Turtle Smuggler Nabbed


A federal grand jury charged a New York man in a three-count indictment alleging he illegally shipped eastern box turtles and three-toed box turtles, both protected wildlife species, from the United States to China for the global pet trade black market.

Russell Milis, 26, of Brooklyn, is charged with two counts of smuggling goods from the United States and one count of violating the Lacey Act. 

The indictment alleges that, between November 2019 and November 2020, Milis exported turtles without obtaining the necessary license or declaring the wildlife to customs officials as required by the Endangered Species Act. Both species of turtles are protected by the Convention on International Trade in Endangered Species of Wild Fauna and Flora (CITES), an international agreement to protect fish, wildlife and plants that are or may become threatened with extinction. The United States and China are parties to this agreement. The indictment alleges that Milis shipped the turtles to Asia without the mandatory CITES permits.

The indictment also charged Milis with shipping the turtles in packages that were falsely labeled as to their contents in violation of the Lacey Act. The Lacey Act is the nation’s oldest wildlife trafficking statute and prohibits, among other things, shipping wildlife, fish or plants in interstate or international commerce without accurate information as to the contents.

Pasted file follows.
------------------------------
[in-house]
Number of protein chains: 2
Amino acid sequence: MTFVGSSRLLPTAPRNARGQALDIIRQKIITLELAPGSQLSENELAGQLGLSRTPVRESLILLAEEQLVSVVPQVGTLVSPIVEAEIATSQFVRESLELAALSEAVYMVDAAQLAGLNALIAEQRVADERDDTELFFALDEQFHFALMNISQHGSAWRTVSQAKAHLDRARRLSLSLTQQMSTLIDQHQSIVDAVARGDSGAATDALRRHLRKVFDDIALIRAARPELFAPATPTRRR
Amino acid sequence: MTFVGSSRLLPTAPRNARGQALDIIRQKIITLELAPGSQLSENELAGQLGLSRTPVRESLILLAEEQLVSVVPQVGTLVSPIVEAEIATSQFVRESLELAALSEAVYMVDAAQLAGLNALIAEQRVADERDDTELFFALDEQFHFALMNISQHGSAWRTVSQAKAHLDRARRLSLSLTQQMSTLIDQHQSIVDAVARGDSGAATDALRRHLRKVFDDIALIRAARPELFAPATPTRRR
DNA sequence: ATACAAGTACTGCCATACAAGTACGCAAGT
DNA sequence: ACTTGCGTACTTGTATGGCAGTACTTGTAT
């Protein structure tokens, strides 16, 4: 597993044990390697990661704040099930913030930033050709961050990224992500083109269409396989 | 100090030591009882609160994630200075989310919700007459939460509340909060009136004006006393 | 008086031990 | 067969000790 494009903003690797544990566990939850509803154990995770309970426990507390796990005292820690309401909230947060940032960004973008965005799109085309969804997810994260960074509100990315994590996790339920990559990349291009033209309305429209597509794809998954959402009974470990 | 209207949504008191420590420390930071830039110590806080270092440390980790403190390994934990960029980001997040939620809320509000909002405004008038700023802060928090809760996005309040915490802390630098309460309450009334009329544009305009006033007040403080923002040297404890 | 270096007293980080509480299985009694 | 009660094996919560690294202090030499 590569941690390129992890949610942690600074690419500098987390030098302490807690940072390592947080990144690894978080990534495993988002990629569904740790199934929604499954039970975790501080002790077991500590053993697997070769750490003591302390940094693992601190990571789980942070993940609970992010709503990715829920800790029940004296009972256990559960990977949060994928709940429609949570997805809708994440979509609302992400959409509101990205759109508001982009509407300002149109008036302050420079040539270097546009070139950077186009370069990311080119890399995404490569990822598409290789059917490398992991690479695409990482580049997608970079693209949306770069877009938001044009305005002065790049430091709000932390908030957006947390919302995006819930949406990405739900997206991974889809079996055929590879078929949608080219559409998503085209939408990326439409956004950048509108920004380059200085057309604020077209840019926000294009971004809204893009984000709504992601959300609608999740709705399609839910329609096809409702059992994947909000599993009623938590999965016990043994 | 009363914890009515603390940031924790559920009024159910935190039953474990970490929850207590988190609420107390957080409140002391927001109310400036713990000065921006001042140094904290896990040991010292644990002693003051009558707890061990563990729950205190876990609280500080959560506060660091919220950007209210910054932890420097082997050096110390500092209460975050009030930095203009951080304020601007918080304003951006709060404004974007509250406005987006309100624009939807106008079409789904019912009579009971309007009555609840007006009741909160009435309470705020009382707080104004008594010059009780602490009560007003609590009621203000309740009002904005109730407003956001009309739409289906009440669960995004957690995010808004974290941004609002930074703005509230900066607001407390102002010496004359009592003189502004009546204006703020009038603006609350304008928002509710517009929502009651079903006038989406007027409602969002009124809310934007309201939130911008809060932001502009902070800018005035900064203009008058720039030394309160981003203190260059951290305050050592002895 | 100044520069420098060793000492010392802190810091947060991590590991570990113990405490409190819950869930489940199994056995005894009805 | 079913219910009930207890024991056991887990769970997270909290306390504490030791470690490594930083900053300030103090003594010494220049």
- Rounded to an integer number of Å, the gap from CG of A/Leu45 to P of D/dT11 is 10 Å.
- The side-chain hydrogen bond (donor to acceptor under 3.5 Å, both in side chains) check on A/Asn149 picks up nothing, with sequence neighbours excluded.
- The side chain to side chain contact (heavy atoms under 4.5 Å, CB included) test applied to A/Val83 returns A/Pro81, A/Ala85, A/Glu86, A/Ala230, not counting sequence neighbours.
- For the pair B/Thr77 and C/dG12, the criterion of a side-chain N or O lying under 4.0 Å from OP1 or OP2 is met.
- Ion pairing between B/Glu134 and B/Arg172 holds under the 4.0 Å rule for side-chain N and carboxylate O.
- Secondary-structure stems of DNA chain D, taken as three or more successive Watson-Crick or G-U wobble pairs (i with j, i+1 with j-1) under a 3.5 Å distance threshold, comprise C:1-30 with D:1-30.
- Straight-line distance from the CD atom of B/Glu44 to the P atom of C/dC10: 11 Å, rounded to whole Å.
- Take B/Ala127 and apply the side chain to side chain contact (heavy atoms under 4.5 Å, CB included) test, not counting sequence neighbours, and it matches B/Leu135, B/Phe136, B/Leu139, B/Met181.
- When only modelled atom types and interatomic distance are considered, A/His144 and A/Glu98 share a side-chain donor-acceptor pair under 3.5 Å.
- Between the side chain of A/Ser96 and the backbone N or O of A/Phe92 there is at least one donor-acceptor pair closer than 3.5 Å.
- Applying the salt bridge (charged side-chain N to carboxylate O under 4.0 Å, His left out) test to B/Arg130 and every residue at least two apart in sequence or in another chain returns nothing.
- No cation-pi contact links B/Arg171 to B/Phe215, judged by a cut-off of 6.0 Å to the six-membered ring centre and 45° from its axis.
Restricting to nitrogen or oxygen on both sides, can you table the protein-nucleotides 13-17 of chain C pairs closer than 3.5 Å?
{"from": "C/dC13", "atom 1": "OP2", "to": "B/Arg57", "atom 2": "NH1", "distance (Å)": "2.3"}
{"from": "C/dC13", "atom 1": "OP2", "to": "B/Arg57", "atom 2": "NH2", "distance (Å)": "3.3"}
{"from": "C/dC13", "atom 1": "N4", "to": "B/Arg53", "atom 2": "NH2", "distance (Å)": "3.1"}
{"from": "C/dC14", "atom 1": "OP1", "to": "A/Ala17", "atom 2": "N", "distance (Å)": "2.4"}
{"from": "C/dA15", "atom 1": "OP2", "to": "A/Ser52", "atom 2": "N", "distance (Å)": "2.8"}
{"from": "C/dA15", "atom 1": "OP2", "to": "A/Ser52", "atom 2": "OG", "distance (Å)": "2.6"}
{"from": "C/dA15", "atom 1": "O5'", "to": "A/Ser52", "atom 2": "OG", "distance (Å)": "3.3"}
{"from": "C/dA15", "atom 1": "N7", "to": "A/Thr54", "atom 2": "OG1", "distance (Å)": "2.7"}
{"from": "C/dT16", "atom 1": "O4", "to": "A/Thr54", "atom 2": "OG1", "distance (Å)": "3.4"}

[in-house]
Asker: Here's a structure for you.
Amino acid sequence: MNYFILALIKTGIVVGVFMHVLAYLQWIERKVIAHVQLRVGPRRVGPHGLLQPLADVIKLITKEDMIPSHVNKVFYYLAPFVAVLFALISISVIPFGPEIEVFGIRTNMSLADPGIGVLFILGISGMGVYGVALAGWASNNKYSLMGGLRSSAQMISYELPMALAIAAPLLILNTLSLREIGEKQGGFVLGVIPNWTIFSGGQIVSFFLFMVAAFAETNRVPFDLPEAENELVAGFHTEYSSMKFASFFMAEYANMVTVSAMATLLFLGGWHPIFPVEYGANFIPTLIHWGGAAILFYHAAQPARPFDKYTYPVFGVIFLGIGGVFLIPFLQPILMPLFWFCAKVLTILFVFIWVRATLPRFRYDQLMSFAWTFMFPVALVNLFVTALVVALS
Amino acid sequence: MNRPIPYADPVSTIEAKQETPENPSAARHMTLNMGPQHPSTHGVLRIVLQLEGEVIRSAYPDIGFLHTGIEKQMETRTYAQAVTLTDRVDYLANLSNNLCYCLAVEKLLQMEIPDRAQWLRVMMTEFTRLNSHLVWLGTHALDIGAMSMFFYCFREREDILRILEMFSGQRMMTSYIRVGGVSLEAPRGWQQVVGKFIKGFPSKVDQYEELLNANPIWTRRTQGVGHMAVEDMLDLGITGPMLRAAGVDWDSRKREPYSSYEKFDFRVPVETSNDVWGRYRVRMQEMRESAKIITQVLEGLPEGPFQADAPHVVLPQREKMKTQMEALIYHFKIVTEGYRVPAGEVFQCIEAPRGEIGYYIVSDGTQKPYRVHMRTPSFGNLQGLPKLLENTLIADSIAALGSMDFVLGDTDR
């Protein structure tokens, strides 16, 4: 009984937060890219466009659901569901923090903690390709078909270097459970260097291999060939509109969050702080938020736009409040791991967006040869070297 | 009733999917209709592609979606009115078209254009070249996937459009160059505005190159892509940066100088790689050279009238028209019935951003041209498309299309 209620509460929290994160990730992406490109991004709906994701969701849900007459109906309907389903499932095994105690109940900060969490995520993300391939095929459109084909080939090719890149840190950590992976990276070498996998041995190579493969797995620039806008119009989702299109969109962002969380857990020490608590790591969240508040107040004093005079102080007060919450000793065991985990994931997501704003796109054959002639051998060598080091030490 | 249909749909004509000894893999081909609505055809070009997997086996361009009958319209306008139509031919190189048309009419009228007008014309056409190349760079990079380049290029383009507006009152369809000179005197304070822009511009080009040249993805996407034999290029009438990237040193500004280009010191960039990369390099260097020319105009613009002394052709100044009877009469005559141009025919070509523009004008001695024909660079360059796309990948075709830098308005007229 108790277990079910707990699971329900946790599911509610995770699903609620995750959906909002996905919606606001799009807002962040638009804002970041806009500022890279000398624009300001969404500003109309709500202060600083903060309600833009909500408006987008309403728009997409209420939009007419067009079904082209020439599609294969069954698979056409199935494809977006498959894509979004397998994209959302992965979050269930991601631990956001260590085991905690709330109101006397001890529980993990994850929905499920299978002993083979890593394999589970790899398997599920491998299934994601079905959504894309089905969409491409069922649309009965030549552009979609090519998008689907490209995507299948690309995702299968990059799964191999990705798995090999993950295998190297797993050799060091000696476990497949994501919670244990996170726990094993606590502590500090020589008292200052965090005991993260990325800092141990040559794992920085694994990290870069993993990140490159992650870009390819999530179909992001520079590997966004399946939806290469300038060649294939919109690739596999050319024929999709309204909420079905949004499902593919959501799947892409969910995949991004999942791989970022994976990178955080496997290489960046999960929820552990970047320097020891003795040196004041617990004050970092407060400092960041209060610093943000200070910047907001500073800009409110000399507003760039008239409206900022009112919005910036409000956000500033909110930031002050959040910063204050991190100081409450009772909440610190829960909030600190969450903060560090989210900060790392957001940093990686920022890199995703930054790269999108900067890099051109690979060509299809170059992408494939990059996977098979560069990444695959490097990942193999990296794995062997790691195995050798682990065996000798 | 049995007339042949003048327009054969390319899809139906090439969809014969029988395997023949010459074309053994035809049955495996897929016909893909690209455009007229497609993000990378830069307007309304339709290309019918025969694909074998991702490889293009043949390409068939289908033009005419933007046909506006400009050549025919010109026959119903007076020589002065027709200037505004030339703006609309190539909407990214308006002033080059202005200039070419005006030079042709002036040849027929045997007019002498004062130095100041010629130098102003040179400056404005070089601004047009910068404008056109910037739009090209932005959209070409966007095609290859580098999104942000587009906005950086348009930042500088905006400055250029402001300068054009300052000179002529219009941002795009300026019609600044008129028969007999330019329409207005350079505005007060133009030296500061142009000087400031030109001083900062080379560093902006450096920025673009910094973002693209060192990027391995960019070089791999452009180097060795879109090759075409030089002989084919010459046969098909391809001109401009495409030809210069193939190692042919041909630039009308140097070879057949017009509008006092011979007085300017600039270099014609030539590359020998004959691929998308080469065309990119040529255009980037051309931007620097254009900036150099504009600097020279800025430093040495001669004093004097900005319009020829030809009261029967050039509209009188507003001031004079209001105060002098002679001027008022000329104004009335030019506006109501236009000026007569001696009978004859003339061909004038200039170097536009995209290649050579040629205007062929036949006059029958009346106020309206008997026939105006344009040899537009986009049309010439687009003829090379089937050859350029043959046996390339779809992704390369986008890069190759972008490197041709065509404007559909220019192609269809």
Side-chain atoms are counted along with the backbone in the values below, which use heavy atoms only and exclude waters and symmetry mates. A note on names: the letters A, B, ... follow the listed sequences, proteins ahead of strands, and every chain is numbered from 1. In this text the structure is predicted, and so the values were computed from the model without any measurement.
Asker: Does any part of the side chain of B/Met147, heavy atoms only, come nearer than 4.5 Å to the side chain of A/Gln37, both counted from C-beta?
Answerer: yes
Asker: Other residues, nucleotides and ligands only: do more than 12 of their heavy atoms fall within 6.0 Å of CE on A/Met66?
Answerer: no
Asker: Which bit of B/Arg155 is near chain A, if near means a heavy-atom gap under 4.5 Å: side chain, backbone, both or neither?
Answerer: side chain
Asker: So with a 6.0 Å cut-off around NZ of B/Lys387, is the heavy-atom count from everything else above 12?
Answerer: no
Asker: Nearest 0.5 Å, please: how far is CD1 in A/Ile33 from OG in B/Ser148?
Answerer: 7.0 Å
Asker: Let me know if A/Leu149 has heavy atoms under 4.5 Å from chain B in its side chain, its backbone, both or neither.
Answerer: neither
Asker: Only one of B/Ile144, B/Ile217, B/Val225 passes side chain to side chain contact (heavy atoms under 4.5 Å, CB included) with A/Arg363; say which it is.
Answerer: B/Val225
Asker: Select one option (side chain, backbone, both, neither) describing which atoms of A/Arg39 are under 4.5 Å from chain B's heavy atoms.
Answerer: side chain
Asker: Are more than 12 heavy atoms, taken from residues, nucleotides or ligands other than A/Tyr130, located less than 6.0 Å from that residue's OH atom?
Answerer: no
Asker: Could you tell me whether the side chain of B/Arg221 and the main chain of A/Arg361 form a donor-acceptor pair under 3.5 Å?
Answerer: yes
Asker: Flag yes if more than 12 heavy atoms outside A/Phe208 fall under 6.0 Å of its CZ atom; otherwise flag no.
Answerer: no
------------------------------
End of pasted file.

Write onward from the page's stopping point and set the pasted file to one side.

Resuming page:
The eastern box turtle (Terrapene carolina carolina) is a subspecies of the common box turtle and is native to forested regions of the eastern United States with some isolated populations in the Midwest. The three-toed box turtle (Terrapene triunguis) is also a subspecies of the common box turtle and is native to woodlands and grasslands in the central and southern United States. Turtles with colorful markings are especially prized in the domestic and foreign pet trade market, particularly in China and Hong Kong, where they can sell for several thousand dollars.

If convicted, Milis faces a maximum penalty of 10 years in prison for each smuggling count and a maximum penalty of five years in prison for the Lacey Act violation. A court could also order a fine of up to the greater of $250,000 or twice the defendant’s financial gain from the criminal activity charged in each count.

The U.S. Fish and Wildlife Service investigated the case, with assistance from the U.S. Postal Inspection Service.


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